The buildings at Los Poblanos were designed by famed architect John Gaw Meem, widely considered New Mexico’s greatest 20th century architect and whose name is synonymous with Santa Fe style. Meem, famous for combining traditional regional architecture and twentieth century sensibilities, inspired New Mexico’s classic style, known as Territorial Revival.
From the moment Meem first stepped onto the Santa Fe Plaza, in the early 1920s, while recovering from tuberculosis at the Sunmount Sanitarium, he was captivated by the city’s unique architectural mix. After recovering from his illness, Meem made the city his permanent home, and set out to make his own architectural vision fit into the composition. Meem made his mark by reinterpreting New Mexico’s centuries-old Hispanic and Native American architectural traditions. The resulting Spanish colonial, or Pueblo Revival, style would be Meem’s greatest architectural accomplishment.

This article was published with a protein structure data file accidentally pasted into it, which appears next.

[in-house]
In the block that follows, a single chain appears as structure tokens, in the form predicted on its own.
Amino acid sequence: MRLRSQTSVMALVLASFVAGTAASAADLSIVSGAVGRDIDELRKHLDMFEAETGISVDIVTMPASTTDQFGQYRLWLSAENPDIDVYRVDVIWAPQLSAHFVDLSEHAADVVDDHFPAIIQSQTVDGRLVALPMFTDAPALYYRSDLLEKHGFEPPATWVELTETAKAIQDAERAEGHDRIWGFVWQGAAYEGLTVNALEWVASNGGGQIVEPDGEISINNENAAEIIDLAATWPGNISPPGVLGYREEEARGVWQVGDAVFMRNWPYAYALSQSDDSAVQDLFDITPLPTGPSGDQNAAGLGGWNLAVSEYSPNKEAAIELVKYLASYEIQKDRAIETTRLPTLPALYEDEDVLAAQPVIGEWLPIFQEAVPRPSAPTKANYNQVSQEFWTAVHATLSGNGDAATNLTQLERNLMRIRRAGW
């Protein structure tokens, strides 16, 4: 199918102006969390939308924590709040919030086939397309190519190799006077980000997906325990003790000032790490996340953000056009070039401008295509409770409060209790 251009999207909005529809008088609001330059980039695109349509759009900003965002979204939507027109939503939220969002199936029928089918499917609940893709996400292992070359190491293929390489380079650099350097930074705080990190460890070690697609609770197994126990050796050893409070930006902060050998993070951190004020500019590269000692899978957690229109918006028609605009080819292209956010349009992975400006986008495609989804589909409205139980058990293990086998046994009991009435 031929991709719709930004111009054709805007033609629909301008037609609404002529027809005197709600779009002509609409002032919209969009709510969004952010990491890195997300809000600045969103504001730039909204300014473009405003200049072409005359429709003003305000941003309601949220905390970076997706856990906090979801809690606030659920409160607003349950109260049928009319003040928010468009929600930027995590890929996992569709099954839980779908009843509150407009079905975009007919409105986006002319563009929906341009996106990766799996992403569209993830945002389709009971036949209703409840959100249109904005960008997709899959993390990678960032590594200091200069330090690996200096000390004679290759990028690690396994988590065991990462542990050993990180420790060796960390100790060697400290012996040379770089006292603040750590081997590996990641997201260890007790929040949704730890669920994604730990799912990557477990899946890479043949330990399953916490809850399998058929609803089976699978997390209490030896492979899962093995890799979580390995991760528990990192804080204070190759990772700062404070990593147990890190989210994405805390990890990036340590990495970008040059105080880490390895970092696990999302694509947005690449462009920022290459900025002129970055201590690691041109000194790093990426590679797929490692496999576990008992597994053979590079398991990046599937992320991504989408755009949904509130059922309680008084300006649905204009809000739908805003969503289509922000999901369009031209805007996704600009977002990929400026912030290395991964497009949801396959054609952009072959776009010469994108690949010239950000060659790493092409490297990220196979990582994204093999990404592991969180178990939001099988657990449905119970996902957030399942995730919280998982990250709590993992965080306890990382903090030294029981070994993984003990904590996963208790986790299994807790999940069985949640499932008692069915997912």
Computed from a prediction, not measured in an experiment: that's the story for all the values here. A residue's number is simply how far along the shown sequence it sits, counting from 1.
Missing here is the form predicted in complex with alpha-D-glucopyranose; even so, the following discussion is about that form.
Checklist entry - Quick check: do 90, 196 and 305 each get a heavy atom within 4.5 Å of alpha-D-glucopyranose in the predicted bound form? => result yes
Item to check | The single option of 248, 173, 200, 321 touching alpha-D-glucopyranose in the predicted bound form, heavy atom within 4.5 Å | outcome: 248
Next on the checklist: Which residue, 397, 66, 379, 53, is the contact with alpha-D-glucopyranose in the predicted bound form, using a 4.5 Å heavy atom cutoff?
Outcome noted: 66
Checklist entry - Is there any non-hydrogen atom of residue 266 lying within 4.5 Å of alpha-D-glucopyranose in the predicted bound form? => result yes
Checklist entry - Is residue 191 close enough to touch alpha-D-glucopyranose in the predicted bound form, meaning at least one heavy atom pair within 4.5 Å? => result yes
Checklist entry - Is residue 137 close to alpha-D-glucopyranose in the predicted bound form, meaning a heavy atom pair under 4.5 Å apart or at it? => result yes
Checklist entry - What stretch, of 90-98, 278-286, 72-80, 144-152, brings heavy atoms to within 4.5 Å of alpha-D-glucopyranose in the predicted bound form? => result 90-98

Nearly all of Meem’s designs are rooted in the traditional residential and ecclesiastical buildings that he saw in Hispanic villages throughout northern New Mexico. From the La Fonda hotel in downtown Santa Fe, to the University of New Mexico, where he designed 35 major buildings, to the Fuller Lodge in Los Alamos and Cristo Rey Church in Santa Fe, Meem’s architectural influence is firmly established throughout New Mexico. The modern art deco Colorado Springs Fine Arts Center that Meem designed in 1934 earned him a national architecture award and is a further testament to his architectural genius.
John Gaw Meem